Skip to content

Episode 109: One Teacher’s Path from Professional Musician to Rocking It In the Classroom

He was a professional musician who once toured with some big-name bands like Dixie Chicks, Survivor and Lynyrd Skynyrd. On this episode of the Supercast, we hear about one man’s path from the professional music stage to teaching in the classroom. Find out how Brian Anderson’s career in rock ‘n roll, led him to the classroom.


Audio Transcription

Anthony Godfrey:
Hello and welcome to the Supercast. I'm your host, Superintendent Anthony Godfrey. Join us as we go to South Jordan Middle School to visit a teacher who traded in their recording studio for a classroom.

We're here at South Jordan Middle School with Brian Anderson. Just from the looks of what's sitting around him,iIt's going to be a really interesting interview. But first, Brian, thanks for taking the time. 

Brian Anderson:
You're welcome, thank you. 

Anthony Godfrey:
Tell me a little bit about your teaching career before we get into all the other stuff.

Brian Anderson:
Well, I definitely have an interest in working with kids and when I came back from doing a little stunt at chiropractic school, I drove the school bus. When driving the school bus, I did some field trips, when doing the field trips I met some teachers. Well, when I met the teachers and I met the students, it just started filling my heart, that I wanted to kind of be a teacher and represent that somewhere. So I started subbing. I started subbing with the Jordan School District and after subbing for four years or so, I looked into getting into the program through, at that time it was ARL, it’s changed a couple of times. I found a charter school that allowed me to teach a few classes there at AISU. I taught audio production, songwriting, photography, film, and a few things like that. They went out of business, so I went back to driving some more bus and, I don't know, this is just a fluke, I went in to check on some insurance stuff at the district and my heart just said, go talk to somebody, see if there's any openings right now with teaching here. I asked if I could speak to someone who was over hiring and they said, yeah, go talk to this person. And the person that they sent me to was actually the wrong person, but that person knew Nicole and said, I think she's looking for someone who might fit your background, cause I have a digital media background.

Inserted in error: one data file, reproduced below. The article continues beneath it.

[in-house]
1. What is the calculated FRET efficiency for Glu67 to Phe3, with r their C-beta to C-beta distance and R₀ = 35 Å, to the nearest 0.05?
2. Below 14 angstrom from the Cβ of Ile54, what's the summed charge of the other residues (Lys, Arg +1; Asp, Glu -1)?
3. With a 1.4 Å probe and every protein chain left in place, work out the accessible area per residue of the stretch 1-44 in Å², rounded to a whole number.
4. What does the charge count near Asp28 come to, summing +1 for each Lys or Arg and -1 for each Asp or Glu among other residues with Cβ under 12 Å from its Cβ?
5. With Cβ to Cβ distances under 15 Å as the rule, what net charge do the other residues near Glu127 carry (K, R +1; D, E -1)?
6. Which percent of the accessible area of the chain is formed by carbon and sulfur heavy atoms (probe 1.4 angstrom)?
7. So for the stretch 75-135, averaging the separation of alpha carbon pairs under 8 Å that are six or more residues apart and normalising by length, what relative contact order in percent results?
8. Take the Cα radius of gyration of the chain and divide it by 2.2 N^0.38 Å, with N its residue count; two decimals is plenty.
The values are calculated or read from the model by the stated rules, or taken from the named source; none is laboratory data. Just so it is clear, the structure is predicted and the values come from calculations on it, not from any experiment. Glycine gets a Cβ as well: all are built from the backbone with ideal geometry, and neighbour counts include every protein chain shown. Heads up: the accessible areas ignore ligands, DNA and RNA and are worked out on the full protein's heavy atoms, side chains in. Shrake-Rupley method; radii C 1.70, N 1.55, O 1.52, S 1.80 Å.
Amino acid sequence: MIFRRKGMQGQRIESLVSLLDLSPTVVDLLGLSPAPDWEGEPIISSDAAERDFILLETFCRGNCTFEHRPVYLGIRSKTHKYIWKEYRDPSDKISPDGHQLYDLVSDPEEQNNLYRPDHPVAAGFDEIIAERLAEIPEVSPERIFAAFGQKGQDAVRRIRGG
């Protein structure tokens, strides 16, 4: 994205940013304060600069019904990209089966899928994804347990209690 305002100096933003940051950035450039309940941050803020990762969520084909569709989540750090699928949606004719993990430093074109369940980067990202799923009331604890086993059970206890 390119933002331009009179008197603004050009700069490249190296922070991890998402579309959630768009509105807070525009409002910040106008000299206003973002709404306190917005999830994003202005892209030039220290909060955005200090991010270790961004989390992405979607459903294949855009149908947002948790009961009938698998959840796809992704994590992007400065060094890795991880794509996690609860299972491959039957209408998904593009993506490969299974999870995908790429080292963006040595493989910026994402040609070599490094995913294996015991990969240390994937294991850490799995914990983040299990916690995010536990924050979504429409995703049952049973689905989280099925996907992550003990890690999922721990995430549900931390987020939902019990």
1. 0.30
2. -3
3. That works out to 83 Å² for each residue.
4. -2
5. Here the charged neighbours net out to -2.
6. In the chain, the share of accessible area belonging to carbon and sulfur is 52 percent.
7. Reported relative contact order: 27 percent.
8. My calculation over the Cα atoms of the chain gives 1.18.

Anthony Godfrey:
So the wrong person became the right person. 

Brian Anderson:
That’s pretty much what happened. She called her on the phone and said, I've got this guy.” She said “Have him send an application, I'll interview him tomorrow.” She interviewed me. It worked out and here I am teaching here at SoJo Middle School. 

Anthony Godfrey:
How long have you been at SoJo now?

Brian Anderson:
So this is my first year. 

Anthony Godfrey:
Wow! Great. So this is a recent journey? 

Brian Anderson:
I came right about October in the middle of that pandemic thing and took over for someone who had an opportunity to teach somewhere else. I picked it up from there and had a lot of great help with my coworkers. Shout out to them, they're amazing. Everybody here has just been really helpful and great.

Anthony Godfrey:
Tell me about the music because that's the focus of why we're here is to learn a little bit more about that aspect of your career as well.

Brian Anderson:
Yeah, well, I wrote songs and did little things in my bedroom, but I didn't realize what I was doing, it was just for fun. 

Anthony Godfrey:
At what point in your life did you start doing this? 

Brian Anderson:
I did that like at 10 years old, 12 years old. I'd play drums with ice cream buckets and we couldn't afford that stuff. I just did stuff that I don't know, MTV influenced me a lot. MTV then was a lot of the eighties acts. So if you remember the eighties much, they all sang high. So I thought, well, I need to sing high too.

Anthony Godfrey:
They did all sing high and then it would modulate and they'd go even higher at the end to give that an emotional punch. What was some of the eighties music that inspired you initially to pursue it? Who were you trying to imitate?

Brian Anderson:
Well, some of my influences, hands down, were Bryan Adams, Bon Jovi, Europe, and then some of those rock bands like Mötley Crüe and Whitesnake and even Survivor. Some of the guys that I ended up playing music with later on.

Anthony Godfrey:
Hmm. You played okay. Wow. You played okay. We have a lot of layers to go through here. That's very exciting. So those were some of the bands that inspired you and tell me where it went from there.

Brian Anderson: